BOSTON (AP) -The Boston Bruins have targeted their top choice to be the next coach.
It's a tenuous position, one that no one has held for more than three seasons in the past 30 years. Bruins general manager Peter Chiarelli hopes to name a successor to Dave Lewis - fired after just one season - before Friday's draft in Columbus.
``I think I've got a guy in mind,'' Chiarelli said Monday.
In the past 30 years, 16 men have held the job. Harry Sinden had two stints, and Mike Sullivan served three seasons but was cast aside in favor of Lewis after Chiarelli became general manager. Chiarelli was hired on May 26 last year but continued at the Ottawa Senators' insistence as their assistant general manager until July 10.
When Lewis was hired June 29 from among five candidates, Chiarelli described the former Detroit head coach as a ``highly motivated, team-focused, NHL coach.''
Now, Chiarelli said, ``I've got it narrowed down to four (candidates). I'll be making a decision shortly'' although he's ``close'' to working out contract details with one of them
Chiarelli wants a tougher team and may have looked at two former head coaches - former Bruins and New York Islanders coach Mike Milbury and Claude Julien, fired as New Jersey's coach with three games left in the regular season. Scott Gordon, coach of Boston's top affiliate at Providence of the AHL, also could be in the mix.
One important factor in the search was for someone who can relate to young players and may have familiarity with some.
``That's important because we do have existing young players (in Boston) and we've got some young players in Providence that are close,'' Chiarelli said. ``There has to be a track record of that there.''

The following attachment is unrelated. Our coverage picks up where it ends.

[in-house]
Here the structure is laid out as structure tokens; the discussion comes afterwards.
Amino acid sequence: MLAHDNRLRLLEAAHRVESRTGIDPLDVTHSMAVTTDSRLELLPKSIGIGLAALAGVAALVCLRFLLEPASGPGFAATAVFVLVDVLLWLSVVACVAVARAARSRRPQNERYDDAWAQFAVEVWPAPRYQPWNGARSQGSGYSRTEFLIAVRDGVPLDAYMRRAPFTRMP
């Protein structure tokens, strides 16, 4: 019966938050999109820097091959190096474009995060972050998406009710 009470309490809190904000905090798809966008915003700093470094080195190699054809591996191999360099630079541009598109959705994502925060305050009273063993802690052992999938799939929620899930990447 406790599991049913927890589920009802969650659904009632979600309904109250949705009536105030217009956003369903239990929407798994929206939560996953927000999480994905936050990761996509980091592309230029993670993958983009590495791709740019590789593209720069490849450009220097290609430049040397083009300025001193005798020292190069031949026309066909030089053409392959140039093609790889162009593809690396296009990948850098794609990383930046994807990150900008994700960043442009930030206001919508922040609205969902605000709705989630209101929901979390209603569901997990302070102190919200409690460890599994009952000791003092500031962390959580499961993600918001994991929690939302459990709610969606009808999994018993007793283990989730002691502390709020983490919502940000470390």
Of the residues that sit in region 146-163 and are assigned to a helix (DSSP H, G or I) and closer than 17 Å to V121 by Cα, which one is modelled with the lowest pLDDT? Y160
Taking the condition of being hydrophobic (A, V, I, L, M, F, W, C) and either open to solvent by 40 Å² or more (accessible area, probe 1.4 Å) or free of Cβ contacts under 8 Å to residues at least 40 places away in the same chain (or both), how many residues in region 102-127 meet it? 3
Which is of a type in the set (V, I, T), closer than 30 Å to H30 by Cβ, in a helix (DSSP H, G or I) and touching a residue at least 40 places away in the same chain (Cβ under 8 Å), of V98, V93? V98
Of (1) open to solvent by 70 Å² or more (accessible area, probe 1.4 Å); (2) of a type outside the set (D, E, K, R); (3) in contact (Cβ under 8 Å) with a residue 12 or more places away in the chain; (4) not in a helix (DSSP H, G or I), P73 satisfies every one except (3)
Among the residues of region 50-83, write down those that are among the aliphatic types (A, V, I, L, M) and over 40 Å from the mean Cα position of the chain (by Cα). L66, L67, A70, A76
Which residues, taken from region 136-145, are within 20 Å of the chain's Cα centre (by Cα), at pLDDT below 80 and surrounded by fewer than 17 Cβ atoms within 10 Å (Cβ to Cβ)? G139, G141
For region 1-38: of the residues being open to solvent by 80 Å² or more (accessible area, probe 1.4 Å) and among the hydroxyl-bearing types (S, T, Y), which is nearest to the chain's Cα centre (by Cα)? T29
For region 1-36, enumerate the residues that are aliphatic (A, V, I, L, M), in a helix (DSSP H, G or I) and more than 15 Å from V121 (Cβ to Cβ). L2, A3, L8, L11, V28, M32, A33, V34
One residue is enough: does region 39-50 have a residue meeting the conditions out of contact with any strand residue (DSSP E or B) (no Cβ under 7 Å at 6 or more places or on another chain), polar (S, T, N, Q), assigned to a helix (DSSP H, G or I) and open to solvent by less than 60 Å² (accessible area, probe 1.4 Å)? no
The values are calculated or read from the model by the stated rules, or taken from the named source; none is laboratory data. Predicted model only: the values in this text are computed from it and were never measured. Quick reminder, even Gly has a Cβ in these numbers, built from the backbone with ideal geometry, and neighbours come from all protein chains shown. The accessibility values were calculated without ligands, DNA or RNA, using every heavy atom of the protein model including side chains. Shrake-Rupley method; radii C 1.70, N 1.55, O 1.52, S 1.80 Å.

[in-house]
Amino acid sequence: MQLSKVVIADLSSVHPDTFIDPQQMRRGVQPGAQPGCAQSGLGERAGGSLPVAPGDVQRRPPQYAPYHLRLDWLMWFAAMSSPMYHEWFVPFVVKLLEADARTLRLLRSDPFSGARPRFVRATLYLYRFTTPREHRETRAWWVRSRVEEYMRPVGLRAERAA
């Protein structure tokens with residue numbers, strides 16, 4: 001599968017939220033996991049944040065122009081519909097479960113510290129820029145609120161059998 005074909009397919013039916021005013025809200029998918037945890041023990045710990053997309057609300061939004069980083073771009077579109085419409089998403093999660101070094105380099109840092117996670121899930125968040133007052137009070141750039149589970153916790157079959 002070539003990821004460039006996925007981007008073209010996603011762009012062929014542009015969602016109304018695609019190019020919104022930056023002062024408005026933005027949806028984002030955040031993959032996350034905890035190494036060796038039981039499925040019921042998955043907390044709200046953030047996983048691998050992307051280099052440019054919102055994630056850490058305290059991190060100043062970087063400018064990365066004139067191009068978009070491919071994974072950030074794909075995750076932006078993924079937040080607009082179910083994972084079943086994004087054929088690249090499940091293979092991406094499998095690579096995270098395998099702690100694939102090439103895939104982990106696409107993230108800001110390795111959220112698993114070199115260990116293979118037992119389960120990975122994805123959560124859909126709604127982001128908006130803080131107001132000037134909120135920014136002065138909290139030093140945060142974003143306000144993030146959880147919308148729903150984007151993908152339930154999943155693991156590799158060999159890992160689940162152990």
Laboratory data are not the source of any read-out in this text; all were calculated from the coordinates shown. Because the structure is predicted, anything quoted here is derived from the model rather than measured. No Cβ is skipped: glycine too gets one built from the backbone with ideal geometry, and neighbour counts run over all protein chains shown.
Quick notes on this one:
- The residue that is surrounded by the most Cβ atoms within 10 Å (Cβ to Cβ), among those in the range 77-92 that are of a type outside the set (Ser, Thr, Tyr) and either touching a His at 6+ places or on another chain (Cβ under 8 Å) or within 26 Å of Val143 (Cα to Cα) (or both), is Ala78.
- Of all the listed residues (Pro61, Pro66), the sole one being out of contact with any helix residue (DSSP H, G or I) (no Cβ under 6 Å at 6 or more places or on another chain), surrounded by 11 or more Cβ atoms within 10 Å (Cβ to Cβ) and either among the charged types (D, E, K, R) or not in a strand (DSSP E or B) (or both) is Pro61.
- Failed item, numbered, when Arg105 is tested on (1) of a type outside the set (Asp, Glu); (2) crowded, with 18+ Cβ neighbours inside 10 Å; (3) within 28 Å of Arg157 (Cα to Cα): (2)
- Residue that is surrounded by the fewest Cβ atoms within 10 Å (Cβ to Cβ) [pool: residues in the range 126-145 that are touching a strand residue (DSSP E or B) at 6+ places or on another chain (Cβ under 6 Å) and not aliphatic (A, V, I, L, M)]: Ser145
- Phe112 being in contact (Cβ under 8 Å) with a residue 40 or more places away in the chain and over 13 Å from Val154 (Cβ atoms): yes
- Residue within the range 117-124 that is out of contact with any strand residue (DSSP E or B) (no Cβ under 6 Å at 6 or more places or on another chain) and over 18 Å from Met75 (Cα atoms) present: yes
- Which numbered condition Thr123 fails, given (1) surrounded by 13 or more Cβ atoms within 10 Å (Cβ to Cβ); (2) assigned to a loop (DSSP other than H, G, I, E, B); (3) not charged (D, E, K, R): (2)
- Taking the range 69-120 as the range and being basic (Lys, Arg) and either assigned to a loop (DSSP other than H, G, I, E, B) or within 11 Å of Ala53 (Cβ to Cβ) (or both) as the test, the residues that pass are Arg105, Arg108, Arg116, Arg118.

Bruins executive vice president Charlie Jacobs didn't think the short tenures of past coaches - the Bruins will be hiring their sixth in this century - would dissuade a candidate from taking the job.
``If you speak to a candidate in the National Hockey League about coaching an Original Six franchise, namely the Boston Bruins, I think there's quite an allure to it,'' he said.
Last year's hirings of Chiarelli and Lewis were part of a shake-up of an organization that hasn't won a Stanley Cup championship since 1972. Sinden left as president and Jeff Gorton, named interim general manager after Mike O'Connell was fired, stepped aside when Chiarelli took over but remained in the front office.
That transition continued throughout the season as Chiarelli kept obtaining new players. Last Friday, Lewis became part of it again when he lost the coaching job but remained in the organization in an undetermined capacity.
Chiarelli said he spoke with all four candidates ``at length,'' and Jacobs said Chiarelli will make the choice.
``There will be no second guessing of the next selection'' by management, Jacobs said. ``I have faith that Peter will make it work.''
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